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I get a lot of PMs about how I clean my car, and differences between glaze, polish and compounds.... Well here is a full description of all of them. I hope it helps :)

The difference between compounds, polishes and glazes can best be described as the amount of cleaning power or abrasiveness in the product. The most abrasive products are called compounds. These products are designed to remove (abrade away) a portion of the top paint or clear coat layer which contain sanding swirls, scratches, water spots or blemishes. They are available in many different grades of abrasiveness or "cut" depending on the severity of the problem to be corrected. Compounds are best used with a circular polisher but can produce acceptable results with dual-action polishers if the defect is minor. Compounds typically leave the surface dull. This surface dullness is called haze or compounding lines and is removed by polishing with increasingly less abrasive polishes. Unfortunately, there is no industry standard to quantify when a "polish" becomes a "compound" and one manufacturer's polish may have the same cutting ability (abrasiveness) as another manufacturer's compound.

Products that contain solvent cleaners or very mild abrasives are called polishes, pre-wax cleaners or paintwork cleaners. They can vary from having very mild natural solvents to quite strong petroleum solvents and may or may not contain fine abrasives, silicones, fillers and waxes. Polishes prepare the surface for waxing, remove old wax or paint sealants, visually reduce swirls and minor blemishes (usually through the use of fillers) and restore surface gloss. They do not have the "cut" of compounds and typically burnish the surface to a mirror-like gloss rather than abrade away paint. Polishes can be applied by circular polishers, dual-action polishers or by hand. Unfortunately, there is no industry standard on what constitutes a polish and some manufacturers use the word "Polish" to describe their paint sealant which adds to consumer confusion. In the strictest sense a polish is a gloss-enhancing, cleaner not a protectant but some "polishes" do contain wax or sealants which blurs the line between polishes and protective coatings.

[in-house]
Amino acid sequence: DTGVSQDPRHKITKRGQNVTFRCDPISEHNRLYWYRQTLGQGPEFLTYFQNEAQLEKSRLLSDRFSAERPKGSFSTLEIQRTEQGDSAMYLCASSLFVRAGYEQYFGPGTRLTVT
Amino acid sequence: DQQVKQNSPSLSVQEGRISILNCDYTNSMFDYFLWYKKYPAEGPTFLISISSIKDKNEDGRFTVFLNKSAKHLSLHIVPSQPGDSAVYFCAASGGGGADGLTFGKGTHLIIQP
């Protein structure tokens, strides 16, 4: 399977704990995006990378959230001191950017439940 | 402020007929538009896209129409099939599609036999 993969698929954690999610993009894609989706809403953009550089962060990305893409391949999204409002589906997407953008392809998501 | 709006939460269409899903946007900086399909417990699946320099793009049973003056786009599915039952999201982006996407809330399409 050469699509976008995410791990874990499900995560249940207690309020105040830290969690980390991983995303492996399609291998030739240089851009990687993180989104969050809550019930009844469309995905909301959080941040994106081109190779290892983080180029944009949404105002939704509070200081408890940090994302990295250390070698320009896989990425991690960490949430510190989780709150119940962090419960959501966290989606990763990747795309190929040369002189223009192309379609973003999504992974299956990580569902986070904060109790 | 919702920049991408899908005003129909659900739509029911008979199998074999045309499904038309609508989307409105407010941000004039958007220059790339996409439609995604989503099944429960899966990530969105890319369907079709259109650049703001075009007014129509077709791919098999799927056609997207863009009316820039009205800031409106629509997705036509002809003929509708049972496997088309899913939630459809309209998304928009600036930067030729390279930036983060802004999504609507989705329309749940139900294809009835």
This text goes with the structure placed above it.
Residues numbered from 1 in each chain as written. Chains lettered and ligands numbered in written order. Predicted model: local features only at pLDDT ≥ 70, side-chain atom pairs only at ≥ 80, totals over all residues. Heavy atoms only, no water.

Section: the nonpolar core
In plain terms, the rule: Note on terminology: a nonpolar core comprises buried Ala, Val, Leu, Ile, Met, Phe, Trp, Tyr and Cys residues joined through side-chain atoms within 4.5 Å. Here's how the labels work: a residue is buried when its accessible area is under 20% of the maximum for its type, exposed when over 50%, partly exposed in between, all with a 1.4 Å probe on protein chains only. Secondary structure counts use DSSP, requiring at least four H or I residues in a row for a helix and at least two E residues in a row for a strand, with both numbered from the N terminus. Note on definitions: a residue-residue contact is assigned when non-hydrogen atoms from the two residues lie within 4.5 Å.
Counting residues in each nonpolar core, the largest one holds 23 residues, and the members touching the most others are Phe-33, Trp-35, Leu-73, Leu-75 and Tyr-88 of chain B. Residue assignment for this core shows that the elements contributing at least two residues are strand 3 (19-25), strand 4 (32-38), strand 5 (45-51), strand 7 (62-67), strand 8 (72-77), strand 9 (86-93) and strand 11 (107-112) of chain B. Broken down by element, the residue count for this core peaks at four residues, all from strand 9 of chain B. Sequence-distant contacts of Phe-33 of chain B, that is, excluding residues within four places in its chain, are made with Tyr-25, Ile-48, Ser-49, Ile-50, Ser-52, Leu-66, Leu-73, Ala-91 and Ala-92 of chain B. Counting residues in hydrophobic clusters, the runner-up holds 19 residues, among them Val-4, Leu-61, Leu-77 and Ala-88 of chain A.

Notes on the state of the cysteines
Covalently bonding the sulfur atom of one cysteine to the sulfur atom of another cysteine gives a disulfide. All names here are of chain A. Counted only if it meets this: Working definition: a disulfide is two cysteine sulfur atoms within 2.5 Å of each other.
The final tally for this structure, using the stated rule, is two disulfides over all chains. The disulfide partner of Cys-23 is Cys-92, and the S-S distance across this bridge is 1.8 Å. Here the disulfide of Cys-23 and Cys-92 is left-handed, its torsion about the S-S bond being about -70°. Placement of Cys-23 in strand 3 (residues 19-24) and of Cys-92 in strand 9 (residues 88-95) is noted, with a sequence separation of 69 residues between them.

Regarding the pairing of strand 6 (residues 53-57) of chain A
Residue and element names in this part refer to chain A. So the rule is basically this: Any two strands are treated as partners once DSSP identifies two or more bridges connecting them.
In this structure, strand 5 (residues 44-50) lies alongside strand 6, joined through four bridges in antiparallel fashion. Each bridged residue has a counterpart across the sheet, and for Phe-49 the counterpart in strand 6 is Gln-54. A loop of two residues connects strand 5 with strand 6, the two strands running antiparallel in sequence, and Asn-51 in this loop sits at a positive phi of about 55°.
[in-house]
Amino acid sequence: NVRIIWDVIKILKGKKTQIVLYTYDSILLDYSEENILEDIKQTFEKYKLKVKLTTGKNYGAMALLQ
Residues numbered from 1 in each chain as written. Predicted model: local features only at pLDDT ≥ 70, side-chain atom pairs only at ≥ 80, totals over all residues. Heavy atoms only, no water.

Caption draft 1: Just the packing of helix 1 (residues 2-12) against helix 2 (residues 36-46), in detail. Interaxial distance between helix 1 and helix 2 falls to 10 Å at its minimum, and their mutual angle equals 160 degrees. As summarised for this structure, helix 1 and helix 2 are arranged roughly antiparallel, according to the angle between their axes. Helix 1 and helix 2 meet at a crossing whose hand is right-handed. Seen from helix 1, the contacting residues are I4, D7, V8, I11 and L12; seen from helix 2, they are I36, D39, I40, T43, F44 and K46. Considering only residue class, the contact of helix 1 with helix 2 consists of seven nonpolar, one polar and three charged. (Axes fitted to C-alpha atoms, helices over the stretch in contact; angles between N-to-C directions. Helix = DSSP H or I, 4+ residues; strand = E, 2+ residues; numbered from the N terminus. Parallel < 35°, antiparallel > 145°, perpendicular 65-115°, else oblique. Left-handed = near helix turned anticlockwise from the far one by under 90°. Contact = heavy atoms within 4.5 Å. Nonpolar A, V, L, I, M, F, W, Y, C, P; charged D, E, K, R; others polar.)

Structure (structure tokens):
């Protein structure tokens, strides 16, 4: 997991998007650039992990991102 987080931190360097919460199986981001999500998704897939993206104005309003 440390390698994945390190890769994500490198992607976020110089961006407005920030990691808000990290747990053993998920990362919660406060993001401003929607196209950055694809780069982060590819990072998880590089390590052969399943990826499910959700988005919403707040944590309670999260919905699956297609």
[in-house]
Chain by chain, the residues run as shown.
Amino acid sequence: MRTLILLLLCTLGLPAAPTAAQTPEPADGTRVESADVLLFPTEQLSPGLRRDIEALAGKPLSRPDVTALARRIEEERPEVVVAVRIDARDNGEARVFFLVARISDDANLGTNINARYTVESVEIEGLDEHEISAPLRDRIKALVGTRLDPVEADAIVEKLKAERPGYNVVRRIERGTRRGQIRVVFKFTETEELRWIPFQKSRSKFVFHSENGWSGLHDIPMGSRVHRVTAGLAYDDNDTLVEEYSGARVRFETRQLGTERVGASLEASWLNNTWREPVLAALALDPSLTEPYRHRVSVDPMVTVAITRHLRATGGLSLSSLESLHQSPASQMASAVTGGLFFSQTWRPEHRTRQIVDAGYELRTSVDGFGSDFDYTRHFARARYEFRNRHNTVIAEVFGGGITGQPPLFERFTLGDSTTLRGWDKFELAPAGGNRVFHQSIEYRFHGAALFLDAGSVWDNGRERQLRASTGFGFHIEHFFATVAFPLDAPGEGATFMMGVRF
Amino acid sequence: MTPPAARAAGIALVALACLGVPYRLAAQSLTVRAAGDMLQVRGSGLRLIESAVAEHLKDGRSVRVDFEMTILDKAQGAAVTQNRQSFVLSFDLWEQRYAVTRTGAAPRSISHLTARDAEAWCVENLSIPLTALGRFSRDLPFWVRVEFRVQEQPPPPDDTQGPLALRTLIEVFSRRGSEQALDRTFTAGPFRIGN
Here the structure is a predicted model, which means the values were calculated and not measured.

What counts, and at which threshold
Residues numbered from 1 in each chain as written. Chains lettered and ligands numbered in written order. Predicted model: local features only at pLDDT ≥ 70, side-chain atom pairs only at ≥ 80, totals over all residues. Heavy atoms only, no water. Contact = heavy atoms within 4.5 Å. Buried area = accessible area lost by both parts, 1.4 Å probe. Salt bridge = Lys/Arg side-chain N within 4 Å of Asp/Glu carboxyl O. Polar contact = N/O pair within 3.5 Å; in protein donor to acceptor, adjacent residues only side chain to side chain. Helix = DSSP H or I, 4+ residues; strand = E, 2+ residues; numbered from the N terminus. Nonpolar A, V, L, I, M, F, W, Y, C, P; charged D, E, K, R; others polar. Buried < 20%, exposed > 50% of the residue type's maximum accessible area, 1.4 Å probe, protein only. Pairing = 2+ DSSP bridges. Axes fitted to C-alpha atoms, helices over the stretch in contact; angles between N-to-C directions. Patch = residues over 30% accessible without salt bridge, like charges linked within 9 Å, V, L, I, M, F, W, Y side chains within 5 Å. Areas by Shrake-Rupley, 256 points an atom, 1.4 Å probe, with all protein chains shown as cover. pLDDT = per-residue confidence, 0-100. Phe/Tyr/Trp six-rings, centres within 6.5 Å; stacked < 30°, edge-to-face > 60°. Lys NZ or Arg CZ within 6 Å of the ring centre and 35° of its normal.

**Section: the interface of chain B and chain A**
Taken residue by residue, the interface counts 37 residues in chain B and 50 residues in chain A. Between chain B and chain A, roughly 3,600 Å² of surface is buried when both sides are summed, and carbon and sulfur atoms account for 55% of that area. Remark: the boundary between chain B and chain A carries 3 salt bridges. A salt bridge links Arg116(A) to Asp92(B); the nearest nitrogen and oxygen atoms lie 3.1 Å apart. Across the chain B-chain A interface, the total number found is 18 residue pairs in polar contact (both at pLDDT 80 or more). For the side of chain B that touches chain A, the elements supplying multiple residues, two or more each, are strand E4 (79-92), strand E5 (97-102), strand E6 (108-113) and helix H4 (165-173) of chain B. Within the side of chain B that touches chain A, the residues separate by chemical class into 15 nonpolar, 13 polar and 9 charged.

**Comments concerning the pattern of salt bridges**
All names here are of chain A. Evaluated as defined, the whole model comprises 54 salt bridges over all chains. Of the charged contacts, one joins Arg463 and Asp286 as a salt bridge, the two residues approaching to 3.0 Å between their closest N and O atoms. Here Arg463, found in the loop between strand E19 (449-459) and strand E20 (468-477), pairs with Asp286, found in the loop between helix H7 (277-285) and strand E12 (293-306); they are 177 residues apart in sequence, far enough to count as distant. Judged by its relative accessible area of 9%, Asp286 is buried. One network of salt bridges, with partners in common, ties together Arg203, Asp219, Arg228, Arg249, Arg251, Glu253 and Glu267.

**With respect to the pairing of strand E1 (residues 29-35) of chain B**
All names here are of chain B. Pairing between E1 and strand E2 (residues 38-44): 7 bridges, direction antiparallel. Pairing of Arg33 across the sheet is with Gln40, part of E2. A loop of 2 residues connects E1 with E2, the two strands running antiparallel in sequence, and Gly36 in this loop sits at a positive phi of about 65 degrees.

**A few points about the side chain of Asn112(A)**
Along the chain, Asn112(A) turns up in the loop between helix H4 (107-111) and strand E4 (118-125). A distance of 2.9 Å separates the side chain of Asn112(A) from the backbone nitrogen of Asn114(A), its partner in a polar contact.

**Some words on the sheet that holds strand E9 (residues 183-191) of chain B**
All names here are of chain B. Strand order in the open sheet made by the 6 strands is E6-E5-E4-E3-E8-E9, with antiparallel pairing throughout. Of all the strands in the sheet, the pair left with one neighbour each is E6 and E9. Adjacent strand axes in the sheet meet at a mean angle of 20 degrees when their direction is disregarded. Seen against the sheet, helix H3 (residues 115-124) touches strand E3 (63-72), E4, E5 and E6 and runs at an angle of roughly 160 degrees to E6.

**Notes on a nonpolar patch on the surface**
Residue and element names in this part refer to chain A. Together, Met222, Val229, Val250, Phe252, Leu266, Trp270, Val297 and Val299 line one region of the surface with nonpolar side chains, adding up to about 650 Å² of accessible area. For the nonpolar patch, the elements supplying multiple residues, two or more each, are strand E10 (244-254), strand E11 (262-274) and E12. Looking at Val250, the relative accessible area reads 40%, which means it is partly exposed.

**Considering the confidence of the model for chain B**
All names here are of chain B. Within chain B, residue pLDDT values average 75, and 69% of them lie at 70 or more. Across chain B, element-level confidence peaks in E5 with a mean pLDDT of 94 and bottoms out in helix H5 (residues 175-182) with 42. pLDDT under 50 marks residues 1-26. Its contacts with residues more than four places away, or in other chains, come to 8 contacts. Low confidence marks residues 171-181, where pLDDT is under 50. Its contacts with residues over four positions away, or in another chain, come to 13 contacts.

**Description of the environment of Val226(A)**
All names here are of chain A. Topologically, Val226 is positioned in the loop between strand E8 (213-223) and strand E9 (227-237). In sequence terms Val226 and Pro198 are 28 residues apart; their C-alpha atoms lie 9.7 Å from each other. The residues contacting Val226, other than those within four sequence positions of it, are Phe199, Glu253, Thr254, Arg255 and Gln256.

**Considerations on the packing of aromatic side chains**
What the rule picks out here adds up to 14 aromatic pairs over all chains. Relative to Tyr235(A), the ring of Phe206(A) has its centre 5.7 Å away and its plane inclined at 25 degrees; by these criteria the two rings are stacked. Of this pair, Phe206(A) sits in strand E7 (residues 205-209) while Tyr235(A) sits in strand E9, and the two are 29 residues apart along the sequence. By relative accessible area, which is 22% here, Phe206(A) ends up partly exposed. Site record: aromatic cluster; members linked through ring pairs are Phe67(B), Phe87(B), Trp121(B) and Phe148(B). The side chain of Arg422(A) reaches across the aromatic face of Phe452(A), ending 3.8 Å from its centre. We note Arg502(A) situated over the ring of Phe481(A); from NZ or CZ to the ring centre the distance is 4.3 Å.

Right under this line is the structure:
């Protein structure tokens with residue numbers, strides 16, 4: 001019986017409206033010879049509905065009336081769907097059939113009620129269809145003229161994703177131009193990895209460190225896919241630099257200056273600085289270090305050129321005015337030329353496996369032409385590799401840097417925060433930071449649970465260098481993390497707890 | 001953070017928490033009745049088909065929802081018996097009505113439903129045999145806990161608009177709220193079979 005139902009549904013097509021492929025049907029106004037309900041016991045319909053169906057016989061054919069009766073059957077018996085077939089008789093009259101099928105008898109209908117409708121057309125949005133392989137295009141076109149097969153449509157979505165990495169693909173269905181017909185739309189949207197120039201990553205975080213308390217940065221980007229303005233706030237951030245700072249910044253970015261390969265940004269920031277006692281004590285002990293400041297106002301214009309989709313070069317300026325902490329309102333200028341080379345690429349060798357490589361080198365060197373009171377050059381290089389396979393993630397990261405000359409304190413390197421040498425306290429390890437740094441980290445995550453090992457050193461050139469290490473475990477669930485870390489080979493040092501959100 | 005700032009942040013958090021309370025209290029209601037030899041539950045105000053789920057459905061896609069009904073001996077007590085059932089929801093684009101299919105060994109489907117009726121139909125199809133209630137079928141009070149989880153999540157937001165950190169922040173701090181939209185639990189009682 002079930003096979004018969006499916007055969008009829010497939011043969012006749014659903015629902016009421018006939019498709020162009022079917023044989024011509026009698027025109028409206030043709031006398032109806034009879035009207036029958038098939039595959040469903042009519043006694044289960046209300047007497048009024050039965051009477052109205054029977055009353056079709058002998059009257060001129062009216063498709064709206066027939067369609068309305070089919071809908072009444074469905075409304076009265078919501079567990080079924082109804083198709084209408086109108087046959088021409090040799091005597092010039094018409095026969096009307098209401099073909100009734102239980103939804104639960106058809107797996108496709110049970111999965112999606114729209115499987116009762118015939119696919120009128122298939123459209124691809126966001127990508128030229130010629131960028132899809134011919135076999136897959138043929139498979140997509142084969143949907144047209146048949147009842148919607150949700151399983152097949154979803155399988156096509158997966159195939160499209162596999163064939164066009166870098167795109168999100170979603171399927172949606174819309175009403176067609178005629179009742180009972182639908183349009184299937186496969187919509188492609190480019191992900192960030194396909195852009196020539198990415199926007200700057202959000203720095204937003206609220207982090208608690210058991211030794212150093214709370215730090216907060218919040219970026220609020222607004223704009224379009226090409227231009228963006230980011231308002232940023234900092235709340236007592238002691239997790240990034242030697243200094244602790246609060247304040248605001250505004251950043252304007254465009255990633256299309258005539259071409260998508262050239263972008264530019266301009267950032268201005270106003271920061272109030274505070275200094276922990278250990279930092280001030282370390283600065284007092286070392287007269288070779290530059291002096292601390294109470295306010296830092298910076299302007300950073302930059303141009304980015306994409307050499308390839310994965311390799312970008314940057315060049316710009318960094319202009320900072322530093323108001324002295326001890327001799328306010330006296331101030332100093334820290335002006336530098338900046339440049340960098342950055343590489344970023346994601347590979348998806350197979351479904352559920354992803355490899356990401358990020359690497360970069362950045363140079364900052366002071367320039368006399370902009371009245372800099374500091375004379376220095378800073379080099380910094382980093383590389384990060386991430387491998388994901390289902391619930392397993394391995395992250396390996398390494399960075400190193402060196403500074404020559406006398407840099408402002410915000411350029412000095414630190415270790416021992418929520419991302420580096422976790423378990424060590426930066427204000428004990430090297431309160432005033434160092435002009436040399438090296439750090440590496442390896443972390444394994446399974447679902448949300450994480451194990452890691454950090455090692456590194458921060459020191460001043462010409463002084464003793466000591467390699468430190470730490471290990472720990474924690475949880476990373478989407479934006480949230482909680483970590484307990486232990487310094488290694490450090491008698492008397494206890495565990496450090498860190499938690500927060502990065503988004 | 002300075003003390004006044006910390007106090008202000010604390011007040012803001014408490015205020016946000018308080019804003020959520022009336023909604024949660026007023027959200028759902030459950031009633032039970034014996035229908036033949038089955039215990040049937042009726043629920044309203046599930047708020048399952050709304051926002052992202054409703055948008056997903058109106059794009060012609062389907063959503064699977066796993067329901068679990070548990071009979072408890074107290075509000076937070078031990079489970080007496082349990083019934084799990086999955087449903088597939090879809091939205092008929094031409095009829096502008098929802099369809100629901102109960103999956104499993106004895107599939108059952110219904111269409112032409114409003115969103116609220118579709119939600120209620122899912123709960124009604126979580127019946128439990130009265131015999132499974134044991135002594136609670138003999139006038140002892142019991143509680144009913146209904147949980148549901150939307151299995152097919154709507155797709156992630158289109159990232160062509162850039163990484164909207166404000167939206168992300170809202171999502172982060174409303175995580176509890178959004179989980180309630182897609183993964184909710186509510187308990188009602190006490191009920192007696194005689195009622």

"Glazes" are typically used at automotive manufacturing plants and by paint and body shops on freshly painted surfaces. Their primary function is to improve the brilliance and clarity of the paint. They may contain fillers to hide very minor imperfections (swirls) and may or may not offer any protective qualities. Glazes revitalize the look of all paint finishes through oils and "wetting agents". Glazes are almost always body-shop safe which means they do not contain any silicones. After a vehicle is painted or touched up it may be compounded to remove minor defects, polished to remove compounding haze or surface dullness and a glaze applied to create a uniform, deep, "wet" shine before it is delivered to the consumer. Because glazes tend to create a "wet-look" shine they have come to be used by enthusiasts to maximize shine on show cars, historic and exotic vehicles and even daily drivers. Glazing does not replace polishing with a polish. A vehicle should always be polished first, a glaze applied and usually finished with some type of wax or paint sealant (on cured paint).
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